Personally, I think Jobs should have done a lot more at the press release. Giving away a free bumper was only the beginning. He should have admitted fully that there was a major issue and not try to deny that it occurs to everyone else. That is just completely petty and selfish. While it was apparent that Jobs was clearly aggravated, and that everyone should just accept it, he should have offered a better long time solution. Maybe not a direct recall, but a chance to replace it for a newer model later at no cost. You have to remember, as much as I would like for Apple to recall the phone, they still need to create a solution to the problem. Until they design/build it, then they wont recall. My thoughts on that are that the white iPhone will be almost immune to the problem (because of the white paint/covering on the antenna) so maybe that would be a better way to go.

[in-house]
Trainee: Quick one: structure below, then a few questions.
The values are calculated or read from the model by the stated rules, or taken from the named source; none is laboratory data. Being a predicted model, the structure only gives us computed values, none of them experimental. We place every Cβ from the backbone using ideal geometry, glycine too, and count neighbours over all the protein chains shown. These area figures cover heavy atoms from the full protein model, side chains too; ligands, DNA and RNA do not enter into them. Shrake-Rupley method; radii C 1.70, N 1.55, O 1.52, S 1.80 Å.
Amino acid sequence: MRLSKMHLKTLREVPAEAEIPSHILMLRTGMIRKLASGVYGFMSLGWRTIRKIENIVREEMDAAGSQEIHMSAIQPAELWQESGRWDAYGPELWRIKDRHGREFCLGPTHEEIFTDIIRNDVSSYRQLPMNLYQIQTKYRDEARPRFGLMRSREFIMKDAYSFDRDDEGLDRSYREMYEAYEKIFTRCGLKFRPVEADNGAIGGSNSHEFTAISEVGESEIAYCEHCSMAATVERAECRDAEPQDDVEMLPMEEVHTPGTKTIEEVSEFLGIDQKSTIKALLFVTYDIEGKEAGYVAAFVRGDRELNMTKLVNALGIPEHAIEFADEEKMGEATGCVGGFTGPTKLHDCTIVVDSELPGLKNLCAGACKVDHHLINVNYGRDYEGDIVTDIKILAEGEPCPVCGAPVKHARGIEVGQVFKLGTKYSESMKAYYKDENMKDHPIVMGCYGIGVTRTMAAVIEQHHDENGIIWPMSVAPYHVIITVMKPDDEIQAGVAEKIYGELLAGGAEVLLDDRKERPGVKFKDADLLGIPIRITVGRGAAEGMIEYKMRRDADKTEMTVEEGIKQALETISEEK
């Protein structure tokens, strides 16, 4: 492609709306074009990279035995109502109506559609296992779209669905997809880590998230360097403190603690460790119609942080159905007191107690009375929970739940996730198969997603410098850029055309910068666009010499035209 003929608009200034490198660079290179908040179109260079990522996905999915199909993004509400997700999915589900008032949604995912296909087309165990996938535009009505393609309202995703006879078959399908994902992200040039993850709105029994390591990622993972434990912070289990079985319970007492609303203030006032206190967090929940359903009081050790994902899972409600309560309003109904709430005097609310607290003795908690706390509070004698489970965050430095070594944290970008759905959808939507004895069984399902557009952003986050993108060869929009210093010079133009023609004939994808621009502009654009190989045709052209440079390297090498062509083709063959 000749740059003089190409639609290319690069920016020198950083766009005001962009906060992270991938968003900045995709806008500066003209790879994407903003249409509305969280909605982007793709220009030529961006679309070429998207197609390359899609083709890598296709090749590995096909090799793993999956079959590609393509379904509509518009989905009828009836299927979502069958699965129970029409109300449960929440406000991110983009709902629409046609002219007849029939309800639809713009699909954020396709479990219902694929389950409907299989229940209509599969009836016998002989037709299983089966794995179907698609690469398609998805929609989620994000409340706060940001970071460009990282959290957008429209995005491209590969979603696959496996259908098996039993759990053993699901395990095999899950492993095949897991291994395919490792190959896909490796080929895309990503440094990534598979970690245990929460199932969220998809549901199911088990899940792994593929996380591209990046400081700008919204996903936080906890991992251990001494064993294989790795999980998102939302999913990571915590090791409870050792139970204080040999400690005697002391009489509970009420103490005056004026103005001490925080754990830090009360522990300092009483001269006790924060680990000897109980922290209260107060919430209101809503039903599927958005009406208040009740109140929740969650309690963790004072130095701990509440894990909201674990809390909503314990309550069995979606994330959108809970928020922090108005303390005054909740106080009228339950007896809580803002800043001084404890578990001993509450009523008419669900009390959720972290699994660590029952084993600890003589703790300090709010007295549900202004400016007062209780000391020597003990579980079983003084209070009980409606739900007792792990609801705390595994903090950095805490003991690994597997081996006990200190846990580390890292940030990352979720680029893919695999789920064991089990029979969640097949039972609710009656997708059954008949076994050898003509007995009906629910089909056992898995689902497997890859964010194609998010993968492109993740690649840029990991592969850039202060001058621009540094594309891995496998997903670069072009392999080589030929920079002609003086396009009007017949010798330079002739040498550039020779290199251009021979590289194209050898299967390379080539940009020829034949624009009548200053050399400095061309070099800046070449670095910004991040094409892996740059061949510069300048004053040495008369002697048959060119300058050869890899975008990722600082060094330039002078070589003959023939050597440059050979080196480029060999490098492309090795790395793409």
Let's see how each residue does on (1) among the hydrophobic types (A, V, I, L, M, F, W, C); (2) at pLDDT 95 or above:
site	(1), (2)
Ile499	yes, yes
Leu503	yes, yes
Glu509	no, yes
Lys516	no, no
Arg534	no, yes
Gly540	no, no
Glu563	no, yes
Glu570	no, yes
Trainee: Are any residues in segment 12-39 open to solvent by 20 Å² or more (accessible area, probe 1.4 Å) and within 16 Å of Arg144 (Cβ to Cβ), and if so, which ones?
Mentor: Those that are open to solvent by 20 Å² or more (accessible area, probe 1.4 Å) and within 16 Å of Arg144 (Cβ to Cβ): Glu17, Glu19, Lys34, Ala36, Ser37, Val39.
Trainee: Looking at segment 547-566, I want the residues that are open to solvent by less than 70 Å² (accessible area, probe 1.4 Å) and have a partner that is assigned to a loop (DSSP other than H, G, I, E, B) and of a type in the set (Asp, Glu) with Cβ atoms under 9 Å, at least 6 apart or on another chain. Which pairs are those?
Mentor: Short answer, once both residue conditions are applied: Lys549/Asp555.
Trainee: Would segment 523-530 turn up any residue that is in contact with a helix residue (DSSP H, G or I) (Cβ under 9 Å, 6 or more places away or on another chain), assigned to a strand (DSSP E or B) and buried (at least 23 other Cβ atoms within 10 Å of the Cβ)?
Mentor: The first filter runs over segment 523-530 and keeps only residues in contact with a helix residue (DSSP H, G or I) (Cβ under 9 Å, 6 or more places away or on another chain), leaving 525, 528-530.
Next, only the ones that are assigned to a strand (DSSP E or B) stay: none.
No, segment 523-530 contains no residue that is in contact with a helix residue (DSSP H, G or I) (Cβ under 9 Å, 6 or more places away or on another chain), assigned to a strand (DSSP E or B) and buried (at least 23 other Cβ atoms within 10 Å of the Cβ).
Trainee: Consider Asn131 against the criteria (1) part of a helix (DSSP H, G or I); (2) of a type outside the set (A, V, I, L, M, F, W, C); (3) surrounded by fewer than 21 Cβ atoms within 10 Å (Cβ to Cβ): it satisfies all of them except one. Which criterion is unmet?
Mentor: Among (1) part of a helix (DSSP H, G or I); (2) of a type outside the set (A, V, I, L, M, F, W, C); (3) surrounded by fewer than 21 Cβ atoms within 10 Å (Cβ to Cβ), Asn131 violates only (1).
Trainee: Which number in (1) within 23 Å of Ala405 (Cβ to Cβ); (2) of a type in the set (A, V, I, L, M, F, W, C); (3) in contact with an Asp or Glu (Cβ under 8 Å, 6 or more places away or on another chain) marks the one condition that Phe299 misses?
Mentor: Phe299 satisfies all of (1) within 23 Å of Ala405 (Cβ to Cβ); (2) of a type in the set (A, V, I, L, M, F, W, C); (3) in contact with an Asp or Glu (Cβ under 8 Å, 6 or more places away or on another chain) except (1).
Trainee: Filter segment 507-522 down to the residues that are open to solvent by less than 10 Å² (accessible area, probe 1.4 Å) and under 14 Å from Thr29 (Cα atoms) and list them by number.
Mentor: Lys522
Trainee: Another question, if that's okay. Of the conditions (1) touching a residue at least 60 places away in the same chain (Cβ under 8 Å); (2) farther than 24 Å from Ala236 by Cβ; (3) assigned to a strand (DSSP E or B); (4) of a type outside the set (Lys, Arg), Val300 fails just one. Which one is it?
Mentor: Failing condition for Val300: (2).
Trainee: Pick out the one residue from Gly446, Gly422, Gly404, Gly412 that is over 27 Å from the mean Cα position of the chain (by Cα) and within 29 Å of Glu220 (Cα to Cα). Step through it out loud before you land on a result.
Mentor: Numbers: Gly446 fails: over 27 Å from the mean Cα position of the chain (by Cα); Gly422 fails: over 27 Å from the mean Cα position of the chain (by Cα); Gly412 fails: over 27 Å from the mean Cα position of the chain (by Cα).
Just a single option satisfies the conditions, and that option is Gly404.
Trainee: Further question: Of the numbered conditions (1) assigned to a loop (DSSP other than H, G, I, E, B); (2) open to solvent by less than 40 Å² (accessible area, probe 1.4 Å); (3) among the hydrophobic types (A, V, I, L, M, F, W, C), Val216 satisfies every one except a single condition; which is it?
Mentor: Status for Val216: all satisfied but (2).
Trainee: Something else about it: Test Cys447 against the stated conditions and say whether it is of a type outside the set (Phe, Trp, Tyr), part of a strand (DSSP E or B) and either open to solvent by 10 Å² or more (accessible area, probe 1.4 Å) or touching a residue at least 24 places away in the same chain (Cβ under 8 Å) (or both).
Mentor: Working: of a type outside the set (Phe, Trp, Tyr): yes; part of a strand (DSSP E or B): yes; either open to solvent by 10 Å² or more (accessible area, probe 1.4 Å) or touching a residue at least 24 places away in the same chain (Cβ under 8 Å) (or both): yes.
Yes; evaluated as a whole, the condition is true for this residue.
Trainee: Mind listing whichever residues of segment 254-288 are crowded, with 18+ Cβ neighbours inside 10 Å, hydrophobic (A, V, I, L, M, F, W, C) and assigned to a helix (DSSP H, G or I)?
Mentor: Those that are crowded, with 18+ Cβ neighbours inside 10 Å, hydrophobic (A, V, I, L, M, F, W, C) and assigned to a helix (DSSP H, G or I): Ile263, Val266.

Apple knew of this problem a long time ago and went well out of their way to skip the Q&A to detect it very early. Its also wierd that this is the first time Apple have produced a phone case, and my guess is they knew that they would have to give one away (because they knew their antenna was flawed) so rather than paying a lot of money to a 3rd party supplier like Belkin, they’d eat the 30c per bumber and profit by selling them at $30 each.
Well done, Apple. you have completely lowered yourself even deeper into the shithole 🙂 Nice way to treat your millions of loyal customers by denying their problems exist! Here is hoping that Android buries you into the ground! Oh wait, they did!!! Imma let you finish n’ all, but they activated 3.5 million Android phones (Activated is not the same as Sold, as they sold MANY more im sure!!) in the same 22 days you SOLD 3 million phones! Toodles!!